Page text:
On October 14, 2023, rugby league side Wigan Warriors defeated Catalan Dragons 10-2 to win the Rugby Super League grand final for the first time since 2018. The team has won rugby league’s top-tier competition, now known as the Super League and formerly known as the First Division, a record 23 times, cementing itself as the most successful club in UK rugby league.
The following December, the club was bought by Wigan-born businessman Mike Danson, who also owns GlobalData, the parent company of Sportcal. Danson is also the owner of the Wigan Athletic soccer side that currently plays in the third tier of English football, but won major silverware as recently as 2013, marking the first time that Wigan’s two major sports teams have been under the same ownership since Dave Whelan sold the Warriors in 2007.
Although fans of the two clubs have not always been on the same page, the pair share a home in the DW Stadium, which Danson also owns, and Wigan Warriors chief executive Kris Radlinski has expressed his hope that the businessman’s takeover of the Warriors can have a positive effect on the town, as much as it will on the fortunes of both clubs.
Speaking to Sportcal (GlobalData Sport) after a media day surrounding Danson’s takeover of the club, Radlinski said: “[Wigan] is very humble, and there are responsibilities that the football club and the rugby league club have, to come together to try and help the people of this town.”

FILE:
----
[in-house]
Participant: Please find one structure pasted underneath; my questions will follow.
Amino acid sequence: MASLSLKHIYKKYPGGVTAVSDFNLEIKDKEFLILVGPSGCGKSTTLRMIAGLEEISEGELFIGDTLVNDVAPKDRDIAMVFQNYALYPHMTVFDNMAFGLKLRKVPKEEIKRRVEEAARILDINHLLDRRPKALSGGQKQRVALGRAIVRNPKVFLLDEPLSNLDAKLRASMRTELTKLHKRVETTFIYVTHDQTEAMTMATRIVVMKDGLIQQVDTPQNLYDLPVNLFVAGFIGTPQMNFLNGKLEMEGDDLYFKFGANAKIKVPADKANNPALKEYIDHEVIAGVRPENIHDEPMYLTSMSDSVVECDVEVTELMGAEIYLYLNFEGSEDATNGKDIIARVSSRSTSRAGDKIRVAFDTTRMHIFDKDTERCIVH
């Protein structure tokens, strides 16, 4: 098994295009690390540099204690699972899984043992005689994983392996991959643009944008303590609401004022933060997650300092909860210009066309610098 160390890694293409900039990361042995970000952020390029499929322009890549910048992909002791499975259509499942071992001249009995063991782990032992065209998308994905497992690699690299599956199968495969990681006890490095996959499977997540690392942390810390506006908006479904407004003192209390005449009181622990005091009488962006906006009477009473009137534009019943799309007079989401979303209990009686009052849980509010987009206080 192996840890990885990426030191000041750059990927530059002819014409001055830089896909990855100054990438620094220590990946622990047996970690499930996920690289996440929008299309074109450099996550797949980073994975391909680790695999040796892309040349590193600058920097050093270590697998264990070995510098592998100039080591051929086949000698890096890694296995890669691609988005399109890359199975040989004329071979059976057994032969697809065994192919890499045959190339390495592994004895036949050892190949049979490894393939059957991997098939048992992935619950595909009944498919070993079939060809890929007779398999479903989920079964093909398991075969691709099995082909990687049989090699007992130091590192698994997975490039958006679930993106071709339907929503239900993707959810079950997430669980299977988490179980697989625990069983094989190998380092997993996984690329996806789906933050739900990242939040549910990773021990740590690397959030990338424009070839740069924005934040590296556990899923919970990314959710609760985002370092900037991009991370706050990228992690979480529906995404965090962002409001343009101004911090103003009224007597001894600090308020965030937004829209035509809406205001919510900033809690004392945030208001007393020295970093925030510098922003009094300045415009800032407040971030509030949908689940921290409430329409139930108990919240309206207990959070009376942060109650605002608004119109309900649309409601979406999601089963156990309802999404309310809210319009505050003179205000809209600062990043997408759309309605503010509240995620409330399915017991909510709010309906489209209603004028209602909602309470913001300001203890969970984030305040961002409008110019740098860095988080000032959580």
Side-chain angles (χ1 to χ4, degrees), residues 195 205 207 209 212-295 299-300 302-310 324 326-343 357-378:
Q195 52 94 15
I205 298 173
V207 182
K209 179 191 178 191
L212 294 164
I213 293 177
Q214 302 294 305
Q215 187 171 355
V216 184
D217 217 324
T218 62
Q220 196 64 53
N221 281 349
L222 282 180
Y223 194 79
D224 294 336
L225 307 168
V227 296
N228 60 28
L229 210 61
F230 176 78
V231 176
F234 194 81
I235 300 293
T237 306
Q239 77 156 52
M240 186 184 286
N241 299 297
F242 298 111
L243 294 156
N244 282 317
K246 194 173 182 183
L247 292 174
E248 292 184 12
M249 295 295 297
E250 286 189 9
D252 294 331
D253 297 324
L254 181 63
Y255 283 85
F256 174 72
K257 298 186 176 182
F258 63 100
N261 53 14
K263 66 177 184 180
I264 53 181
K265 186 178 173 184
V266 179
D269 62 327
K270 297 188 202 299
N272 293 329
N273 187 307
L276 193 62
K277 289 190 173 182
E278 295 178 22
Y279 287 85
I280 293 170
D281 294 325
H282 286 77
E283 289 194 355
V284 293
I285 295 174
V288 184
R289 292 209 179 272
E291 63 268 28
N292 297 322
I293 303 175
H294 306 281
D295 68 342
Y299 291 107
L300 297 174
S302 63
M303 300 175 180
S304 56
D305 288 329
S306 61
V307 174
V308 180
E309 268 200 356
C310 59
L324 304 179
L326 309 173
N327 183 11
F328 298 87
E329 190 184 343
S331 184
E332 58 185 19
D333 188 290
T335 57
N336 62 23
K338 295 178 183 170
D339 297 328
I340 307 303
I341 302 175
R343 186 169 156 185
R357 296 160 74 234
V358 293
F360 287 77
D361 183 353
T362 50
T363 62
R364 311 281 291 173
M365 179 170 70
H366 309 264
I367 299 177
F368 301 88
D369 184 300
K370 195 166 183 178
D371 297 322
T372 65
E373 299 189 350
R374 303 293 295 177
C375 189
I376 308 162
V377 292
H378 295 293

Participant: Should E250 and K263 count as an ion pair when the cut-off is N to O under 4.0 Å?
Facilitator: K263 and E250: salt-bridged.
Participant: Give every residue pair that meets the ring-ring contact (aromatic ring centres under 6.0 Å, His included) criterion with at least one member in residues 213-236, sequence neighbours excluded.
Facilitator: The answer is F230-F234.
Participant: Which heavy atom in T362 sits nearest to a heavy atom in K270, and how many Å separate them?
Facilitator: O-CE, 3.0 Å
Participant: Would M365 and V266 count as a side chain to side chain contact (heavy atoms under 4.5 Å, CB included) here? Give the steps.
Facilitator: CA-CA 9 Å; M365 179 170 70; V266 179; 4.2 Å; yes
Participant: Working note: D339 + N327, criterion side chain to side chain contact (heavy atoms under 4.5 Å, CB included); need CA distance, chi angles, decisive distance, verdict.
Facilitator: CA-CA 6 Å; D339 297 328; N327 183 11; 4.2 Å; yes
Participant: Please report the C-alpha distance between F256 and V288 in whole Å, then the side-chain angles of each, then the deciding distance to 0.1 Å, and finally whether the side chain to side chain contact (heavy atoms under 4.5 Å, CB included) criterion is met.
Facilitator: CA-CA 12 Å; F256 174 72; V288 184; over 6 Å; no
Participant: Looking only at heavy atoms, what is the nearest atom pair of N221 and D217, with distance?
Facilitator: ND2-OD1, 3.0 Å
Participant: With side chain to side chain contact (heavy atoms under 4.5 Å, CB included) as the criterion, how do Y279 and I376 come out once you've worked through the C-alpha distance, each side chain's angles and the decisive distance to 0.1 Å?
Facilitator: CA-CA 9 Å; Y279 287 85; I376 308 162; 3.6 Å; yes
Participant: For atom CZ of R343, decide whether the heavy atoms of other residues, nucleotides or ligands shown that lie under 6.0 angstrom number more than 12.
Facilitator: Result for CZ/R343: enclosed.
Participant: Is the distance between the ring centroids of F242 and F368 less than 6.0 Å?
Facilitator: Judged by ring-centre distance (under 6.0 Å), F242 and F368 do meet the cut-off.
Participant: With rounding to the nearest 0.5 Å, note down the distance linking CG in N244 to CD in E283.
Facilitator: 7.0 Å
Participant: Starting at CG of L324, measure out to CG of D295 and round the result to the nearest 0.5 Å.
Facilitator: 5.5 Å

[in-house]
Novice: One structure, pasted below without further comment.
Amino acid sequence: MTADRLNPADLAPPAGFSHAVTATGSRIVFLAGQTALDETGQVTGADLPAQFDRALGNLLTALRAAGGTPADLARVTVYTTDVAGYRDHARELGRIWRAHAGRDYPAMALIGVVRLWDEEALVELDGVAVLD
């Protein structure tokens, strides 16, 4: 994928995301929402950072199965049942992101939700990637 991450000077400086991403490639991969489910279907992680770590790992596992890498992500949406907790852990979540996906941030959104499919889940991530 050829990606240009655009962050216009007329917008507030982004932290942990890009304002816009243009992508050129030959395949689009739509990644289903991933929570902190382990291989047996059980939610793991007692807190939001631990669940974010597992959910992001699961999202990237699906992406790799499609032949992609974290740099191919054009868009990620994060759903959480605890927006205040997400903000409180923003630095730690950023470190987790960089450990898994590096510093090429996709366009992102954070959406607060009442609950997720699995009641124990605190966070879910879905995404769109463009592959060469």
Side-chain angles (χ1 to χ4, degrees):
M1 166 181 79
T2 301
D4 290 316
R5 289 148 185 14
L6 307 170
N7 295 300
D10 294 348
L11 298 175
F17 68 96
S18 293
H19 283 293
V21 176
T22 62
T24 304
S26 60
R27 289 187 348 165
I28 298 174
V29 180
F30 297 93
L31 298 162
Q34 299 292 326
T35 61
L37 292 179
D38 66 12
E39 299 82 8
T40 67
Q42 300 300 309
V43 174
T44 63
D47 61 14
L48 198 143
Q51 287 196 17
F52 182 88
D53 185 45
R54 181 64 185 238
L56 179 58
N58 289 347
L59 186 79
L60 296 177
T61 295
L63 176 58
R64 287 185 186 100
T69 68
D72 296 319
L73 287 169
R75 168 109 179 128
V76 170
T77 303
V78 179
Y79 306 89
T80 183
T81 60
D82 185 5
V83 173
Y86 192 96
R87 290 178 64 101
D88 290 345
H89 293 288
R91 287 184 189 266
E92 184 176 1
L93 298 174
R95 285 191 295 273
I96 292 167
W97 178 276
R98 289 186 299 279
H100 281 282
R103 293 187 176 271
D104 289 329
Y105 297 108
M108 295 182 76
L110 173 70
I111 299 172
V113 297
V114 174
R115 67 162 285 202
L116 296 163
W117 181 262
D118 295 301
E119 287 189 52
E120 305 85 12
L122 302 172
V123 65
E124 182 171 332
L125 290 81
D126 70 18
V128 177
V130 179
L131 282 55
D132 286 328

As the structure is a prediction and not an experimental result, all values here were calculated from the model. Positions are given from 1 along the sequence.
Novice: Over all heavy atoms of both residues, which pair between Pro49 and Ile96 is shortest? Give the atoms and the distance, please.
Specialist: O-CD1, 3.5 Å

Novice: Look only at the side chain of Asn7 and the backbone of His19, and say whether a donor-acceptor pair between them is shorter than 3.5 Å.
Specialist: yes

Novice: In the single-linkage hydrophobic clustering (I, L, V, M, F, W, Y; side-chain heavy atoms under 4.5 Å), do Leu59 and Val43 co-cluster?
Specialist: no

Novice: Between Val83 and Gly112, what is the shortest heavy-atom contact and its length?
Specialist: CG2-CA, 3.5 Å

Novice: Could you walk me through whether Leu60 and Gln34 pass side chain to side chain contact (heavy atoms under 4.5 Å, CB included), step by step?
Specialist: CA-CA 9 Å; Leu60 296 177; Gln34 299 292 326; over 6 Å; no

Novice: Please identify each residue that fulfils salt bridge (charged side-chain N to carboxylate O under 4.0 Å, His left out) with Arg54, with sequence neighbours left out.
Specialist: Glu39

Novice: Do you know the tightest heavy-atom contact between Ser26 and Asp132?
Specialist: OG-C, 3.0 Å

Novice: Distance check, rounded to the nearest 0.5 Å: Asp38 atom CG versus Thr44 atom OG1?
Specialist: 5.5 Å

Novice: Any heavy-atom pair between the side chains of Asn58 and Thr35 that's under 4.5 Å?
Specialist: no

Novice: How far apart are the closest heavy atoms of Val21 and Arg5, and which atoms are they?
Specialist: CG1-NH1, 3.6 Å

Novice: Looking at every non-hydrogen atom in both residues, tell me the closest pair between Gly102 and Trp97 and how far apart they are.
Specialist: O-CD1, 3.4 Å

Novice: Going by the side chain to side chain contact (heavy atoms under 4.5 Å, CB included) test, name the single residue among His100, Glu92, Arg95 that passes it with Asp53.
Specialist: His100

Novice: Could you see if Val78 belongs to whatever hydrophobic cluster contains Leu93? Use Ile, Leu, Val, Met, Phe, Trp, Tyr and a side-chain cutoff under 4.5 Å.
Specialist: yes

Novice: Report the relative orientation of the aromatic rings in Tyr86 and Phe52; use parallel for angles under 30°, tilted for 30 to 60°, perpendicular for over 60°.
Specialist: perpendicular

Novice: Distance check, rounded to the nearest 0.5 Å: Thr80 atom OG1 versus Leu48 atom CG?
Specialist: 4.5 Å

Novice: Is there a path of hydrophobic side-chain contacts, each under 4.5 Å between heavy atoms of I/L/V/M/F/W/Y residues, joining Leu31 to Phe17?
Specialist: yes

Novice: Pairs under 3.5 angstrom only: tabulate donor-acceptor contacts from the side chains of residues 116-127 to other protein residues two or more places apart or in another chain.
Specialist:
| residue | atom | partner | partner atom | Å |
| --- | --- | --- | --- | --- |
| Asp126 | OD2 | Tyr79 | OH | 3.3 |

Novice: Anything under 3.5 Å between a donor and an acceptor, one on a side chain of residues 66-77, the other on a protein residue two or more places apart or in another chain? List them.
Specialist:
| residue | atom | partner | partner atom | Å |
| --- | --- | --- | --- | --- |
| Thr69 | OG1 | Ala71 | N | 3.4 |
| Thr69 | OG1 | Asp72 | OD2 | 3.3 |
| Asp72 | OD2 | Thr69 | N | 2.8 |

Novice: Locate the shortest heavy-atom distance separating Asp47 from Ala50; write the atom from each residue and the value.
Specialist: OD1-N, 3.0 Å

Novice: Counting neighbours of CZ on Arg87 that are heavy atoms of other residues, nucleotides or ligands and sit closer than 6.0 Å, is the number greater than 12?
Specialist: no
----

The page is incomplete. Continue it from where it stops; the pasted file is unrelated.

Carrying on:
While Radlinski states that: “There will be collaboration on a boardroom level, and certainly on a professional level,” that will help to streamline operations and benefit both teams, the single ownership of Wigan’s top sports teams may also pose issues.
“Hopefully, we can try and try to collaborate between the fans, which at the moment is probably one of the biggest challenges that we've got. It's almost a toxic thing at the moment, which we have to try and mend, and one that's high up on my agenda to try and achieve. But I think it's an exciting time for both teams," he says.
While mending fences between the town’s partisan sports fans is high on the agenda, it is hardly the only thing on the agenda for the two clubs, both of which have struggled financially in recent years in the fallout of the Covid-19 pandemic. Radlinski has shed some light on the Warriors’ commercial strategy that he hopes will continue to see the club go from strength to strength both on the field and off it, and how the Wigan Athletic partnership can aid that.
Like most sports teams in the UK, the core tenet of Wigan Warriors’ financial strategy is the money it receives yearly from its league’s TV rights deal. Rugby league’s Super League has been broadcast domestically exclusively on UK pay-TV heavyweight Sky Sports since the competition’s inception in 1996. In October of 2023, the pair agreed a new three-year deal that will take the partnership into its 30th year.
While Sky will broadcast every single game of the men’s competition live, including the playoffs and the grand final, the value of the deal relative to that of previous years diminished greatly, which has led many to criticize Sky and attribute the declining TV rights money to the similar decline in spending power of the league.